Swiss Put Radio Transmitter On Asian Hornet To Find And Destroy Nest

Pest control experts in Basel have removed the nest of an invasive insect species after catching a single insect and fitting it with a transmitter so that they could follow it back to the nest and exterminate them.

Health officials said the incident marked the first emergence of the Asian hornet (Vespa velutina), that can kill thousands of honeybees within days, in the city in northern Switzerland.

The distant nest in the St. Alban district in Basel in Switzerland, undated. (Health Department Basel-City, NewsX/Bee)

A spokesperson for the city administration said the new tactic was adopted because: “An increase in Asian hornet appearances is likely.”

A beekeeper in Basel’s St. Alban district informed the authorities about the fact that there must be nest of the species which is indigenous to Southeast Asia somewhere in the area.

The authorities in Basel then applied radio telemetry tracking technology to find the nest.

An official explained: “We equipped one Asian hornet with a transmitter. By examining its movement, the nest was eventually found beneath the tiles of a residential building.”

Swiss authorities have set up an Asian hornet notification platform where anyone spotting the predatory insect shall submit their information.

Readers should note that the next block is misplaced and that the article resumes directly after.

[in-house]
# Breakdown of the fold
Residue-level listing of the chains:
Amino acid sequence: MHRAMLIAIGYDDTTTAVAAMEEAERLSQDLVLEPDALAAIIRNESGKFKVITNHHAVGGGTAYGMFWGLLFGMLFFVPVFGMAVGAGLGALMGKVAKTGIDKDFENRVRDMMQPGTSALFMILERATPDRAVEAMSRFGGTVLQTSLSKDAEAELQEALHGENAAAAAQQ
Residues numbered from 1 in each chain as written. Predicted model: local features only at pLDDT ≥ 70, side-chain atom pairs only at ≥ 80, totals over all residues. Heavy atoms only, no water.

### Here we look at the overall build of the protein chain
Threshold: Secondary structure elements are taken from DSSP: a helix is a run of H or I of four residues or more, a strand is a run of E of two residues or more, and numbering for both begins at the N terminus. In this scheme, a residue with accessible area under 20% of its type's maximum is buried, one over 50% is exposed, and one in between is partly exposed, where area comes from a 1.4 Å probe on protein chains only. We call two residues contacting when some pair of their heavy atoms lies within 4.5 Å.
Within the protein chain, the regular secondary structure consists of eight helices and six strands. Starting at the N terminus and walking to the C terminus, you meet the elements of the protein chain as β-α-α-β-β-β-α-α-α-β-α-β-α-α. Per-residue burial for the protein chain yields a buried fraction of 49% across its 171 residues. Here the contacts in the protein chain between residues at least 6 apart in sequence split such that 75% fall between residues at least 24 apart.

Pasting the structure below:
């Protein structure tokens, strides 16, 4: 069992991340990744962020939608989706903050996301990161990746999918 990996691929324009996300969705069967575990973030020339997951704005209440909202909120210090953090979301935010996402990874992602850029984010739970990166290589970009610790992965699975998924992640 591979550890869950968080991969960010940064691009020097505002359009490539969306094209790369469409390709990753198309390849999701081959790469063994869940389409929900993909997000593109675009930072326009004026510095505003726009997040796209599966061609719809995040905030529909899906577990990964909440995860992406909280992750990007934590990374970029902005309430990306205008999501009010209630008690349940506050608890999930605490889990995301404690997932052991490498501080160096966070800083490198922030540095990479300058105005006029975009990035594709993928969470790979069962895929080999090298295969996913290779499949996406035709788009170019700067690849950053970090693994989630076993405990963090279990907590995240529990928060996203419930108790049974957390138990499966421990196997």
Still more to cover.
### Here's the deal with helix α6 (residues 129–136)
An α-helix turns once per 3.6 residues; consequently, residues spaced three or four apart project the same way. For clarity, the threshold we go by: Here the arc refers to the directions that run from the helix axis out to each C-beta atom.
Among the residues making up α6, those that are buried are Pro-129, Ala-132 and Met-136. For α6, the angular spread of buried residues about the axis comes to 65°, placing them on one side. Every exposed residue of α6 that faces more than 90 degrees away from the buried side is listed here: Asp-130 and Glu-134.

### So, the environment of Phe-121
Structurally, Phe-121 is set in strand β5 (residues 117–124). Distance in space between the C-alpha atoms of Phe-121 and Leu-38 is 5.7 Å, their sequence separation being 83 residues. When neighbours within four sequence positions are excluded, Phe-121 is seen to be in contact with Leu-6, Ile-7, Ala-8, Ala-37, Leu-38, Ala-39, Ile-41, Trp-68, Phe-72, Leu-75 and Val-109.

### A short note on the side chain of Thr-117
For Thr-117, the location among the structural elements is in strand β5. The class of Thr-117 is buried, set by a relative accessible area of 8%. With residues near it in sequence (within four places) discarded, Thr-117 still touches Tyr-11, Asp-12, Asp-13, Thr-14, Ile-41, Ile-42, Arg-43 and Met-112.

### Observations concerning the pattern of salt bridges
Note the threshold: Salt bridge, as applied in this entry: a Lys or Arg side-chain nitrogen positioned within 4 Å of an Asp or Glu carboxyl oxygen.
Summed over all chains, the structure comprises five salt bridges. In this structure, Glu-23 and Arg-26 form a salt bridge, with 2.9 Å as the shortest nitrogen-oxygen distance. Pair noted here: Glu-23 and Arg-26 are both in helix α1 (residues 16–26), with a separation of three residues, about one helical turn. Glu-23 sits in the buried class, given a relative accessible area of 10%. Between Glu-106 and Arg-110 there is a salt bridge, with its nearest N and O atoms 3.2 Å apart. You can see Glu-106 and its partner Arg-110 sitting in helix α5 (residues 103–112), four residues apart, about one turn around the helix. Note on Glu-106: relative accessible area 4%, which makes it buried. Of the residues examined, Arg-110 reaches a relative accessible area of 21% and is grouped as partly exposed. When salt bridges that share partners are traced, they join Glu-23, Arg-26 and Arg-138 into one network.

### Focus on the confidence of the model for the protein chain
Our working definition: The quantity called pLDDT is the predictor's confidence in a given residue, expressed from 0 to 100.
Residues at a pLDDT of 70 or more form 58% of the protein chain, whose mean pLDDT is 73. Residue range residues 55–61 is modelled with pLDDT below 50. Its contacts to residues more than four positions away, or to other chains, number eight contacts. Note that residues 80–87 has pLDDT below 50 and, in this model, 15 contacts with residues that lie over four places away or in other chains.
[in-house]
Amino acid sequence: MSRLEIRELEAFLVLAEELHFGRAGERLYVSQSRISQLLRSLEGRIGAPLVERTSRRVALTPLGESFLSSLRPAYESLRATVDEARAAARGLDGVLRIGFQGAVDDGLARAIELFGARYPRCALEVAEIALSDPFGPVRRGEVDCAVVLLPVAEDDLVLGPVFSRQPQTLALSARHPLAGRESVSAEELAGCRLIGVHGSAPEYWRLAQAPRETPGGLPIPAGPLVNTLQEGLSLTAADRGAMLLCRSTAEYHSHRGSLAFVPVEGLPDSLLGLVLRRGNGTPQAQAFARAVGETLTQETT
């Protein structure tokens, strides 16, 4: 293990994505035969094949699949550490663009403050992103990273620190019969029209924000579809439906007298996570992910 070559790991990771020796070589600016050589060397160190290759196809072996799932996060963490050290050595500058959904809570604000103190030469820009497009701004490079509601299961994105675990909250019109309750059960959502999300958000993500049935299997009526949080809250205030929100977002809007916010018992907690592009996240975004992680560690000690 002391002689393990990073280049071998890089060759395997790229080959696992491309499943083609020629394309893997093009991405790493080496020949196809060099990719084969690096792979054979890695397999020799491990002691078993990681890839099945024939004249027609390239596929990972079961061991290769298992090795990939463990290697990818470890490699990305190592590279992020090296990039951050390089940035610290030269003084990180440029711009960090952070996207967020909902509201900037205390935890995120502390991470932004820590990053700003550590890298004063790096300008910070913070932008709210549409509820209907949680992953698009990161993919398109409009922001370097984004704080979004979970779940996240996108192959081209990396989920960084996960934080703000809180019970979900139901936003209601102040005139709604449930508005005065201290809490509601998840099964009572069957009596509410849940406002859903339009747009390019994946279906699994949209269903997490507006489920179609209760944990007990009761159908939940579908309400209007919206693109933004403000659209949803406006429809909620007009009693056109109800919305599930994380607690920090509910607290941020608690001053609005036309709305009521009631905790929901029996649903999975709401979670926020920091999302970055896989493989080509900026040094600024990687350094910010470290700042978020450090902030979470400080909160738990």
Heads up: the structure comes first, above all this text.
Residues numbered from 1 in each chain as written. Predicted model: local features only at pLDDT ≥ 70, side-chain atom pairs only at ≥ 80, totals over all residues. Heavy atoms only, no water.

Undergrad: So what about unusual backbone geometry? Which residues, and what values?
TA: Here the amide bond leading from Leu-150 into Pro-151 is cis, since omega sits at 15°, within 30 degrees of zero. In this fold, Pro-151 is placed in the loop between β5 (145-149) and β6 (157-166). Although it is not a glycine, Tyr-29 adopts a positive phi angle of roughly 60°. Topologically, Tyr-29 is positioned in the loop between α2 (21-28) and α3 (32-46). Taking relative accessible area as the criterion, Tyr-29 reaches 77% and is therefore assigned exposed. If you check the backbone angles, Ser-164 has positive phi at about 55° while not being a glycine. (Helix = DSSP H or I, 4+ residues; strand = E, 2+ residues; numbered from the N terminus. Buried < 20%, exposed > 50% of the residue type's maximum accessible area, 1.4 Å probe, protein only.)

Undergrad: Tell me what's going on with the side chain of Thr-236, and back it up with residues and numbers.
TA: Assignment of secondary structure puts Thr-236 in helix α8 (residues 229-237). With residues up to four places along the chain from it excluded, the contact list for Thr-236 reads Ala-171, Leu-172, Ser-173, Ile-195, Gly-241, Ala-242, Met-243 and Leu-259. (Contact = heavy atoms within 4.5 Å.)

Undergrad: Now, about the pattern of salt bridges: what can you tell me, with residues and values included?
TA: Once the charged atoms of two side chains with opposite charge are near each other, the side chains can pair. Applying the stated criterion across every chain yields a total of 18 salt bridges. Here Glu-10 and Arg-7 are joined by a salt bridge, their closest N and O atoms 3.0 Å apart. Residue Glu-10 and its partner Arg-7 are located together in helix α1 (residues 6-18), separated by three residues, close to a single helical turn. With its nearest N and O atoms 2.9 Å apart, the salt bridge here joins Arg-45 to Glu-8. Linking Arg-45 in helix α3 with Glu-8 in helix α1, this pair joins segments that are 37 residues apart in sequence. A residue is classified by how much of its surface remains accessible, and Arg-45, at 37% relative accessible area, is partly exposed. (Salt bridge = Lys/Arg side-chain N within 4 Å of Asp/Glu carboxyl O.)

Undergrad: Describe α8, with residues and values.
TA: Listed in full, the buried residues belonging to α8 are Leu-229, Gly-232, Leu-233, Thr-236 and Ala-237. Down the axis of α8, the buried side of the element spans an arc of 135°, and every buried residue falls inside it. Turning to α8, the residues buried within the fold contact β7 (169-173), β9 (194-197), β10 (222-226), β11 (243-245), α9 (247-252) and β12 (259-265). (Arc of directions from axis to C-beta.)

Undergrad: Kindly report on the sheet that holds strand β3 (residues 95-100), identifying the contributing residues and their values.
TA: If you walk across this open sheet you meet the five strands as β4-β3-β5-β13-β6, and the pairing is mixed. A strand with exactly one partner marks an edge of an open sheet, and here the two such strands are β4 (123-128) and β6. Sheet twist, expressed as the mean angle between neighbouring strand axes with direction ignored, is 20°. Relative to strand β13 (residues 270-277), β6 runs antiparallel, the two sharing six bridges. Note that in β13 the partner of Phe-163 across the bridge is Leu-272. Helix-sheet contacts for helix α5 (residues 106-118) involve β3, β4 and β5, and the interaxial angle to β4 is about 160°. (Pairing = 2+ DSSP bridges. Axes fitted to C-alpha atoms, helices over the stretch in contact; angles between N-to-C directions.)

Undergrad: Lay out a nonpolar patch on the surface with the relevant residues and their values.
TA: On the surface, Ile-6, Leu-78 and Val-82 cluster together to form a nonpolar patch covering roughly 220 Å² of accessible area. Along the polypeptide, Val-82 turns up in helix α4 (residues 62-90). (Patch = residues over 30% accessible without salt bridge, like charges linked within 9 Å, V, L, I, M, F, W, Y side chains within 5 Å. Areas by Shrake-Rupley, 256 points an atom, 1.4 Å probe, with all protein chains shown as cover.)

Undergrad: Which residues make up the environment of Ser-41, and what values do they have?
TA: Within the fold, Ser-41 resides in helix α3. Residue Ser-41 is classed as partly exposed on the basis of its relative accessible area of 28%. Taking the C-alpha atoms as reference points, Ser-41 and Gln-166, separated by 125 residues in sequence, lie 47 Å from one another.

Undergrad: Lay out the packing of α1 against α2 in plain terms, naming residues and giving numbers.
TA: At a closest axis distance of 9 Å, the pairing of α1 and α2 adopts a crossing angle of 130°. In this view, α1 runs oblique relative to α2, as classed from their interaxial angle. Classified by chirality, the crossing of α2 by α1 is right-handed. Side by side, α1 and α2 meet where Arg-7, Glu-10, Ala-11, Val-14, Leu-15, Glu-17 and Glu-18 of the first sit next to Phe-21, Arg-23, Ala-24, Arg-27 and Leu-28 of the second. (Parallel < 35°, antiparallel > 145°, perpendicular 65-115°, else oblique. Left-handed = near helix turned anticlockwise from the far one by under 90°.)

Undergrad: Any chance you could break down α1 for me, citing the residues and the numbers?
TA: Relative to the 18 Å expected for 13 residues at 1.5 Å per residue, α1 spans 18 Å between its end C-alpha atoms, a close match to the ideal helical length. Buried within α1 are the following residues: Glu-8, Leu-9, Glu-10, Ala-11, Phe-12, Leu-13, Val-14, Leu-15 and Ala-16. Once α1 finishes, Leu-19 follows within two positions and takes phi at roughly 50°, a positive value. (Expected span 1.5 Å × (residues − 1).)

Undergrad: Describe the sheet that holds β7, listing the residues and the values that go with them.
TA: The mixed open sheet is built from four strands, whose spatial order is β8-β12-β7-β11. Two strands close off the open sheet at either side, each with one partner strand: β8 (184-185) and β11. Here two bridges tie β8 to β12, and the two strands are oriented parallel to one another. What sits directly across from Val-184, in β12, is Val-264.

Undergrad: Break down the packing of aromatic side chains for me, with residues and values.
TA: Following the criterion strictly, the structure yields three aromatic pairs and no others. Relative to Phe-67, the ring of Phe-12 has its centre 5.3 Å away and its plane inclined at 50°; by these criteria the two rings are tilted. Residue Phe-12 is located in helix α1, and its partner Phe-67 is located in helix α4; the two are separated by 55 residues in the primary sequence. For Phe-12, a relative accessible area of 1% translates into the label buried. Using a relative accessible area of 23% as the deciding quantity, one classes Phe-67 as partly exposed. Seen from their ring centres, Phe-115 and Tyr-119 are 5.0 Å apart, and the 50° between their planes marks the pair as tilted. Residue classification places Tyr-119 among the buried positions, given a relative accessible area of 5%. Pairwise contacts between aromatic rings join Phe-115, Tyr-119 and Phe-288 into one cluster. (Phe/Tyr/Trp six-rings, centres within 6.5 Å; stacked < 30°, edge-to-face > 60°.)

However, apiarists and residents can also inform the local public health magistrate.

Photo shows an Asian hornet whose abdomen in particular is much darker than its European relatives, undated. (Health Department Basel-City, NewsX/Bee)

Europe has become the Asian hornet’s habitat since being spotted for the first time on the continent in France in 2004. They started to spread in Switzerland in 2017.

Lausanne University Entomology Professor Daniel Cherix recently said there had been significantly more incidents involving Asian hornets in 2023 compared to previous years.

An Asian hornet colony has the potential to eat up to 11 kilogrammes of various insects per year, according to Dr Eric Darrouzet from Tours University in France.

Beekeepers and agricultural entrepreneurs fear that the current developments could have a negative impact on honey harvest volumes as well as the pollination of plants and flowers.

Dr Kristin Krewenka – who heads the Association of Beekeepers in Germany’s Baden Area – admitted the members of her organisation were “profoundly concerned” regarding the aggressive species’ proliferation.

Earlier this year, officials in Germany emphasised that removing an Asian hornet nest can cost up to EUR 3,000 (GBP 2,580) if firefighters have to get involved.

Photo shwos the difference between Asian and European hornets, undated. (Health Department Basel-City, NewsX/Bee)

Harald Brugger from Umweltberatung consulting agency in Vienna said anyone getting too close to an Asian hornet nest was at high risk of getting stung “several times.”

Speaking to Austrian broadcaster Puls4, the ecotoxicologist warned: “Approaching a nest can be considered a disturbance by the Asian hornet.”

Harald advised anyone to keep a distance of at least five metres (16.4 ft). He added: “Unless the person suffers from an allergy, singular stings are not a health risk.”


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